Discrimination in daily life can present challenges for many people. Individuals who deal with discrimination may develop feelings of isolation and fear or may become angry and aggressive. In the workplace, discrimination occurs in many forms and often impacts people in the same way as other types of discrimination.
Workers who feel threatened, harassed, fearful, bullied, or even sexually intimidated by coworkers or others in the organization can experience a decrease in psychological well-being. This can lead to poor work performance, as well as generally poor mental health. But how does workplace discrimination specifically affect those who work in the mental health field?
To answer this, and to find out if the source of discrimination influences the effect, Stephen Wood of the University of Leicester’s School of Management in the United Kingdom recently conducted a survey of over 1,700 mental health workers. He asked them to report the type of discrimination they experienced and the source of the discrimination. Using that information, Wood evaluated how source affected the outcome and impact of the discrimination.
He found that mental health workers reported a variety of forms of discrimination, including physical aggression, sexual discrimination, bullying, verbal abuse, and gender discrimination. He also discovered that organizational procedures designed to address these acts had an impact on the effect of discrimination.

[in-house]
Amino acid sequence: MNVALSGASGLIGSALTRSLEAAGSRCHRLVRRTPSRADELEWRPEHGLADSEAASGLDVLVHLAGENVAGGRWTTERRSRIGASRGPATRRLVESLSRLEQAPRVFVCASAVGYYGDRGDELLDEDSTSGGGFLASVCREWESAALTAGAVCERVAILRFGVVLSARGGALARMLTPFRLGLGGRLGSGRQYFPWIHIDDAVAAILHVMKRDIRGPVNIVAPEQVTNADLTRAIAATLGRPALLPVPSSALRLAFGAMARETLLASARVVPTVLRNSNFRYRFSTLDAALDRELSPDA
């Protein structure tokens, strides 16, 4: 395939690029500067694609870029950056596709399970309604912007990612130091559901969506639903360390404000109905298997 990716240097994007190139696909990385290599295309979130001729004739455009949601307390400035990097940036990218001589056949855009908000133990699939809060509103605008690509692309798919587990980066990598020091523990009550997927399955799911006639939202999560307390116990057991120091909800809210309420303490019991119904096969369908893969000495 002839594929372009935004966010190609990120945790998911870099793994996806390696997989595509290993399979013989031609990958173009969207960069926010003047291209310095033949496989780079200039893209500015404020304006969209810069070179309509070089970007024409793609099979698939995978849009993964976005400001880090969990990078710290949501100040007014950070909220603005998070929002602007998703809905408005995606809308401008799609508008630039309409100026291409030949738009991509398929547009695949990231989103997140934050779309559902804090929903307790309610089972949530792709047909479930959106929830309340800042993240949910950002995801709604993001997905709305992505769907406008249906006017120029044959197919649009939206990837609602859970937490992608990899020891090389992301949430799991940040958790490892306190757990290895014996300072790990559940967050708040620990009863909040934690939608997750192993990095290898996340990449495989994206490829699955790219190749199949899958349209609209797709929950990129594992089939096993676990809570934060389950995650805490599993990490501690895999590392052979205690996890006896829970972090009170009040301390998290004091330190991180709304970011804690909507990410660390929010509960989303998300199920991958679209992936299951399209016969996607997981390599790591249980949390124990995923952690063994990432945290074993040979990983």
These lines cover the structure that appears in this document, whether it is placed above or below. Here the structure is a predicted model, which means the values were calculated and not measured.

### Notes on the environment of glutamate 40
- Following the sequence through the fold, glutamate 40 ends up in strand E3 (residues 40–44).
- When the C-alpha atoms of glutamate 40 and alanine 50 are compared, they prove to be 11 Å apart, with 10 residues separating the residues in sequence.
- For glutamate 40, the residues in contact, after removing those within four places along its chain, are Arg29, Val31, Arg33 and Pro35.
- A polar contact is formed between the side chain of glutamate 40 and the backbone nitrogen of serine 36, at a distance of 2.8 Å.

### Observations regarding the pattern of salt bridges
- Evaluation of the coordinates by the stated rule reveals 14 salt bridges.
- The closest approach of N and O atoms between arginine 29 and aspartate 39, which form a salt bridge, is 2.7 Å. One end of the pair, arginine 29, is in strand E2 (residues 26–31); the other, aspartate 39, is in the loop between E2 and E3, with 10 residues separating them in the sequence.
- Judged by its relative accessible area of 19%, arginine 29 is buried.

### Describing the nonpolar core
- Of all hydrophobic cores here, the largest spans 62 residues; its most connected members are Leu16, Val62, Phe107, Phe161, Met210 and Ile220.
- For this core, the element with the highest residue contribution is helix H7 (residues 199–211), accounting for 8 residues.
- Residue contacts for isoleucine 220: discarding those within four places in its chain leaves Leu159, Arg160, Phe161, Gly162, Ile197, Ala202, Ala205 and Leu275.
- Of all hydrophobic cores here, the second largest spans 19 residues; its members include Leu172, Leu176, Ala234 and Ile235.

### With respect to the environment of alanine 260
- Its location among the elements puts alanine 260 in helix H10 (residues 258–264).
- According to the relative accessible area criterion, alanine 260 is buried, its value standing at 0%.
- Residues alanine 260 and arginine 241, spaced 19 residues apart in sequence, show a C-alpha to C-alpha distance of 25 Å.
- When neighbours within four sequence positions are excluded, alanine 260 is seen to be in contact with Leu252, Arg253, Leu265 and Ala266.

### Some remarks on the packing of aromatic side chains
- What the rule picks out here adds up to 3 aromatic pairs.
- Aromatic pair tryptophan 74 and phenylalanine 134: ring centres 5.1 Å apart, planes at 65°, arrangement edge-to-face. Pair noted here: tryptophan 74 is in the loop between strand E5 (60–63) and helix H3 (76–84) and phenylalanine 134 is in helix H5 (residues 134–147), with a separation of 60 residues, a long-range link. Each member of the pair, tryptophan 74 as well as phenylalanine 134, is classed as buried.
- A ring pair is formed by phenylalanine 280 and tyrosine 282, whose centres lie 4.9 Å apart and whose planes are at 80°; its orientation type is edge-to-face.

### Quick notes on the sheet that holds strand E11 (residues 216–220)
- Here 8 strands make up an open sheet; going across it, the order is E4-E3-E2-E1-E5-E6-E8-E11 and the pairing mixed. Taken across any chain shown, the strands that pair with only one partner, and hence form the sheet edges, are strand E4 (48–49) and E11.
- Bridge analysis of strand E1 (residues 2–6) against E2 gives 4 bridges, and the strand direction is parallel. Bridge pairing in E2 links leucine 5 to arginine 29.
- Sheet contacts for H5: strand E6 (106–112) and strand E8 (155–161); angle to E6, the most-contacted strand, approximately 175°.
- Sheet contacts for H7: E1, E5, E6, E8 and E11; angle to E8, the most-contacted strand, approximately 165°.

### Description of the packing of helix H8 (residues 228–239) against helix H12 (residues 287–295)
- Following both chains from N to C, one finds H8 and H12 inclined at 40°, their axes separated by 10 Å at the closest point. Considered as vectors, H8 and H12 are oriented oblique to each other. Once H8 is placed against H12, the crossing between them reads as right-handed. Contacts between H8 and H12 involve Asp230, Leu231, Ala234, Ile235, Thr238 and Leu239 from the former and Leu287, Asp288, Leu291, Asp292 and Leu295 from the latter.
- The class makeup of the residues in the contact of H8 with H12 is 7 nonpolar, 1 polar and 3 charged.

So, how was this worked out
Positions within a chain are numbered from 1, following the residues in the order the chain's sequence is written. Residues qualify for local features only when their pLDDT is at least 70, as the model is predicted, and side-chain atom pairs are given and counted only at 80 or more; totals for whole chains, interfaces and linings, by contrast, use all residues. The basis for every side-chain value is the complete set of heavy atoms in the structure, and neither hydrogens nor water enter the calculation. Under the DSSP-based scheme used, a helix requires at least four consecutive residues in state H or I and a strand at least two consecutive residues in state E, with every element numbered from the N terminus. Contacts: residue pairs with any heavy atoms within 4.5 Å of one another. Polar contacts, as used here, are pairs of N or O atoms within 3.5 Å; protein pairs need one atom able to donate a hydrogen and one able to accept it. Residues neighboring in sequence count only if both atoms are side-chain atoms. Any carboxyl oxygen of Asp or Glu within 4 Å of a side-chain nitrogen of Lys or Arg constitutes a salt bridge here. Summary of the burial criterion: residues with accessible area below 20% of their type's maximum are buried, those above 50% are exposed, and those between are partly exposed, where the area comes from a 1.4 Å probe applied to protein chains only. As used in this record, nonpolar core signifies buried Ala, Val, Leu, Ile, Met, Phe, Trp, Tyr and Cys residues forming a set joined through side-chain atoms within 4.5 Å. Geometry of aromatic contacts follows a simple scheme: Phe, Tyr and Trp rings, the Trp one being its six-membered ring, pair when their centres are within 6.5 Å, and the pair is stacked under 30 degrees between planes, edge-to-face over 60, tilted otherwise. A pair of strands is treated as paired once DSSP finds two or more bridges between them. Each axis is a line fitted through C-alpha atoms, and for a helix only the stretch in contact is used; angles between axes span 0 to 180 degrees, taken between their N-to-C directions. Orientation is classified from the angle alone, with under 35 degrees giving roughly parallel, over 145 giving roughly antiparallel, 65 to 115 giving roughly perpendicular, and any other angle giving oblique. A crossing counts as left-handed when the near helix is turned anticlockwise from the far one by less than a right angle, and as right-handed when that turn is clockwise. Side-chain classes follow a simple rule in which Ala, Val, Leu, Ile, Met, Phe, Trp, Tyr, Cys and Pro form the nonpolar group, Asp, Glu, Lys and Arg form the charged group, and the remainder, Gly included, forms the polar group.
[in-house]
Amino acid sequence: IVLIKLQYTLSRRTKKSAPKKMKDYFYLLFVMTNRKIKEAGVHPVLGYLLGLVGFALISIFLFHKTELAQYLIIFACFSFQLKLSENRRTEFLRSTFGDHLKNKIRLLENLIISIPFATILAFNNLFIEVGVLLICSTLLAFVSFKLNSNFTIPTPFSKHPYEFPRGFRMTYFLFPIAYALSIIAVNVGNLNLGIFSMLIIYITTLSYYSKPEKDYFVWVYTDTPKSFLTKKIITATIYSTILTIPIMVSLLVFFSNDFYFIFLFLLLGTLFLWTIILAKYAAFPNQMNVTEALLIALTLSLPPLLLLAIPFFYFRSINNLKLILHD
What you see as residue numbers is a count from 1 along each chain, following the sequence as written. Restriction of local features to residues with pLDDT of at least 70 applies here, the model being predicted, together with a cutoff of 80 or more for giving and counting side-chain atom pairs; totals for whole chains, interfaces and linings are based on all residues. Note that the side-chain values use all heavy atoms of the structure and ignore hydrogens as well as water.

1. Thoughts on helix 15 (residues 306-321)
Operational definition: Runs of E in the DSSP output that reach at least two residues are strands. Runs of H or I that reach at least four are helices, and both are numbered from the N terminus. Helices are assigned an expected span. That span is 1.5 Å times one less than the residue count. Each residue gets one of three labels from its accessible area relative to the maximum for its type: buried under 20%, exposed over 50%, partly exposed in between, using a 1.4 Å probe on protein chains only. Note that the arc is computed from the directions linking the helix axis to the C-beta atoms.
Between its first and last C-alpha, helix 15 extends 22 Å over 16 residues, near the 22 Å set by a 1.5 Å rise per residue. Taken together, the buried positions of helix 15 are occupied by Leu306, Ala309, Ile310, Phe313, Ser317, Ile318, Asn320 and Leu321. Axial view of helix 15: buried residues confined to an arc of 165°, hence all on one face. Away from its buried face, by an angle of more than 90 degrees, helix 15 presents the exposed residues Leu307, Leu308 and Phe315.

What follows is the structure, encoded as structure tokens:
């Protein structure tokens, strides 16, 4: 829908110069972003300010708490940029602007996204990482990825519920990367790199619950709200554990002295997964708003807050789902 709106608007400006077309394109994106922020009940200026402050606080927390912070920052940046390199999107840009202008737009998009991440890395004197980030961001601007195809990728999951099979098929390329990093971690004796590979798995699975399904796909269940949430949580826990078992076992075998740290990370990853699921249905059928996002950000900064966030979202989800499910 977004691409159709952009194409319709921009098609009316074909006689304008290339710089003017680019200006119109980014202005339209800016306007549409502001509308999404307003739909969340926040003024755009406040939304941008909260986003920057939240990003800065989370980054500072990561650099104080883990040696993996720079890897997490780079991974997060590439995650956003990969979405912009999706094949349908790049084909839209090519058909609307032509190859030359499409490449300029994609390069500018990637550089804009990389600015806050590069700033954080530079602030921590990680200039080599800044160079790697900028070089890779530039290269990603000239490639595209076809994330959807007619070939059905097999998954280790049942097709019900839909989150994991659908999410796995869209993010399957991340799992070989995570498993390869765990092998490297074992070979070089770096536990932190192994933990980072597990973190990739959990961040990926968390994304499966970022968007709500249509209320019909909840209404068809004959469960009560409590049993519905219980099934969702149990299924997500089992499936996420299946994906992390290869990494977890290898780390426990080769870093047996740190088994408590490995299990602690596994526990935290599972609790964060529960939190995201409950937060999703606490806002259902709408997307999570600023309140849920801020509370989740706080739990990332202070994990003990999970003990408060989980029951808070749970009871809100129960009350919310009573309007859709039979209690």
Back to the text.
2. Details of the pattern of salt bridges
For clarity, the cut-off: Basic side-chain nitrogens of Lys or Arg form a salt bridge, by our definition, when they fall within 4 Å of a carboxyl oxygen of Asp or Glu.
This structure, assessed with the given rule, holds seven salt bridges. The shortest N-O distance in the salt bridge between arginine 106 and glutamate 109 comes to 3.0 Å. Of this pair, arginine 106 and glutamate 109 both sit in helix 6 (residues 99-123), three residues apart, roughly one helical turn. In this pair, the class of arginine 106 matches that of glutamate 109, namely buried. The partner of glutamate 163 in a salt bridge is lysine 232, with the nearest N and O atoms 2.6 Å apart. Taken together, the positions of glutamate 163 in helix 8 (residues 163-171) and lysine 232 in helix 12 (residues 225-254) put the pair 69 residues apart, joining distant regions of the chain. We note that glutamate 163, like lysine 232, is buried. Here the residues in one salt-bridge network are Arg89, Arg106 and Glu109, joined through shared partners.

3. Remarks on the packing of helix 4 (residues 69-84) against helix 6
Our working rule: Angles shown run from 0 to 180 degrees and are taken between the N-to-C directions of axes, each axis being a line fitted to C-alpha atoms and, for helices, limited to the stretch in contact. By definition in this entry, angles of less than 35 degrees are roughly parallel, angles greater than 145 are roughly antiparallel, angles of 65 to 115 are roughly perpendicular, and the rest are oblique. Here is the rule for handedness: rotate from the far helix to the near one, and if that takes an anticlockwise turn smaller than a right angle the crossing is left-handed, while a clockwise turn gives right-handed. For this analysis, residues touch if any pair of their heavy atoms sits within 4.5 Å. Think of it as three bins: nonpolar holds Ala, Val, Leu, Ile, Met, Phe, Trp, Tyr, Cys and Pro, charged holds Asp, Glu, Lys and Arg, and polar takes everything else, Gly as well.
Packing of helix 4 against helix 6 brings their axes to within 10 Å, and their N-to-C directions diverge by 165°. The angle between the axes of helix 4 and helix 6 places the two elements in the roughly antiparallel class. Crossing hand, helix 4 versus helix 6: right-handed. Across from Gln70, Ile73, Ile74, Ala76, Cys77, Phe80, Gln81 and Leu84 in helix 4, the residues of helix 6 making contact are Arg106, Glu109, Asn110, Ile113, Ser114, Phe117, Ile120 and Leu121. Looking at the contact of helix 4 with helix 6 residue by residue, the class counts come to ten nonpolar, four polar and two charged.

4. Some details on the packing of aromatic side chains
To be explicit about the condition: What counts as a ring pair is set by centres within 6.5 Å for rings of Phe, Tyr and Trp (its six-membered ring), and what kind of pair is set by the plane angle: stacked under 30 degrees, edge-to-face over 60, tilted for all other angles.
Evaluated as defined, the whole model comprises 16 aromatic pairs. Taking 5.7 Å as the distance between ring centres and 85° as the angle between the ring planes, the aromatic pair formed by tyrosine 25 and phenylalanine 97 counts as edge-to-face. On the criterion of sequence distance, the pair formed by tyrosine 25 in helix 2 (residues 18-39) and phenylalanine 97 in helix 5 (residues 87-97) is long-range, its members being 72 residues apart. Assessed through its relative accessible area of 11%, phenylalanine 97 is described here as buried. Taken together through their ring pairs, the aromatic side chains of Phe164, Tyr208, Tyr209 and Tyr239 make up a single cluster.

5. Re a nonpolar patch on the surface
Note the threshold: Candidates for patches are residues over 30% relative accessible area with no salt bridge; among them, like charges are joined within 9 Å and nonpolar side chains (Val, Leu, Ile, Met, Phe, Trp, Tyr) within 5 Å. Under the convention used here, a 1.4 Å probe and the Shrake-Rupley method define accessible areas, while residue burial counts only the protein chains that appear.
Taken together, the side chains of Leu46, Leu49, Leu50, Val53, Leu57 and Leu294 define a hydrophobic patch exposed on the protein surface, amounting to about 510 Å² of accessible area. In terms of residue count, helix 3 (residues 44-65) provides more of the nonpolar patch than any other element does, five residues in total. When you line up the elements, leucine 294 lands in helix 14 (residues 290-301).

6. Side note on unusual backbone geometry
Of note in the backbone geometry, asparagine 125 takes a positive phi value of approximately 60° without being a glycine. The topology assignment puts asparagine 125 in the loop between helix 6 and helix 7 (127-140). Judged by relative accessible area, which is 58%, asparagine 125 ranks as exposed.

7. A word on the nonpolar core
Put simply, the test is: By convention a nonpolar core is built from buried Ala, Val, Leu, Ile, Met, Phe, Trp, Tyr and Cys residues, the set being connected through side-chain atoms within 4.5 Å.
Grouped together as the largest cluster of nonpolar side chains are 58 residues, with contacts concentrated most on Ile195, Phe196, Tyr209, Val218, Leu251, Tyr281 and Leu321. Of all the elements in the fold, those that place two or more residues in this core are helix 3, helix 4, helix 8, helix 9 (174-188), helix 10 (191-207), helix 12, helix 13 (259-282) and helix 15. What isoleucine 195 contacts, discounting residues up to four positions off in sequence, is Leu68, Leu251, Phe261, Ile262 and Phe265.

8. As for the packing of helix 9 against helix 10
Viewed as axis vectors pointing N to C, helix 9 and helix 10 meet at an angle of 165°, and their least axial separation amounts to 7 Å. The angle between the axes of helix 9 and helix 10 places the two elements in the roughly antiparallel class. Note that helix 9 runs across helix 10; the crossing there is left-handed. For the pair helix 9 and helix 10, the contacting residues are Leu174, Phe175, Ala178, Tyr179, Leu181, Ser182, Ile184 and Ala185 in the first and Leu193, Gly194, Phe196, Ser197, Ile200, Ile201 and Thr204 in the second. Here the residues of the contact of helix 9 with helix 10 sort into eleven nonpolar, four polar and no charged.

Wood noticed that of four different sources of discrimination—including visitors, patients, coworkers, and managers—all had unique effects on psychological well-being. For instance, all of the sources affected mental well-being, but the effect of discrimination from patients and coworkers was diminished significantly by high perceptions of workplace justice. This was also the case, albeit to a much lesser degree, for discrimination from managers and visitors. But because managers were also often the point of contact for workplace justice, this effect of this discrimination was highly dependent upon the justice structure within the organization.
“Nonetheless,” added Wood, “Managerial discrimination has the strongest direct and indirect effects on mental health workers’ well-being and job satisfaction, consistent with our theory.” These results demonstrate the powerful negative effects of discrimination within the workplace and underscore the importance of addressing this issue in all professional arenas, and in particular, those organizations created to improve mental health and well-being.
Wood, Stephen, Johan Braeken, and Karen Niven. (2013). Discrimination and well-being in organizations: Testing the differential power and organizational justice theories of workplace aggression. Journal of Business Ethics 115.3 (2013): 617-34.ProQuest. Web.
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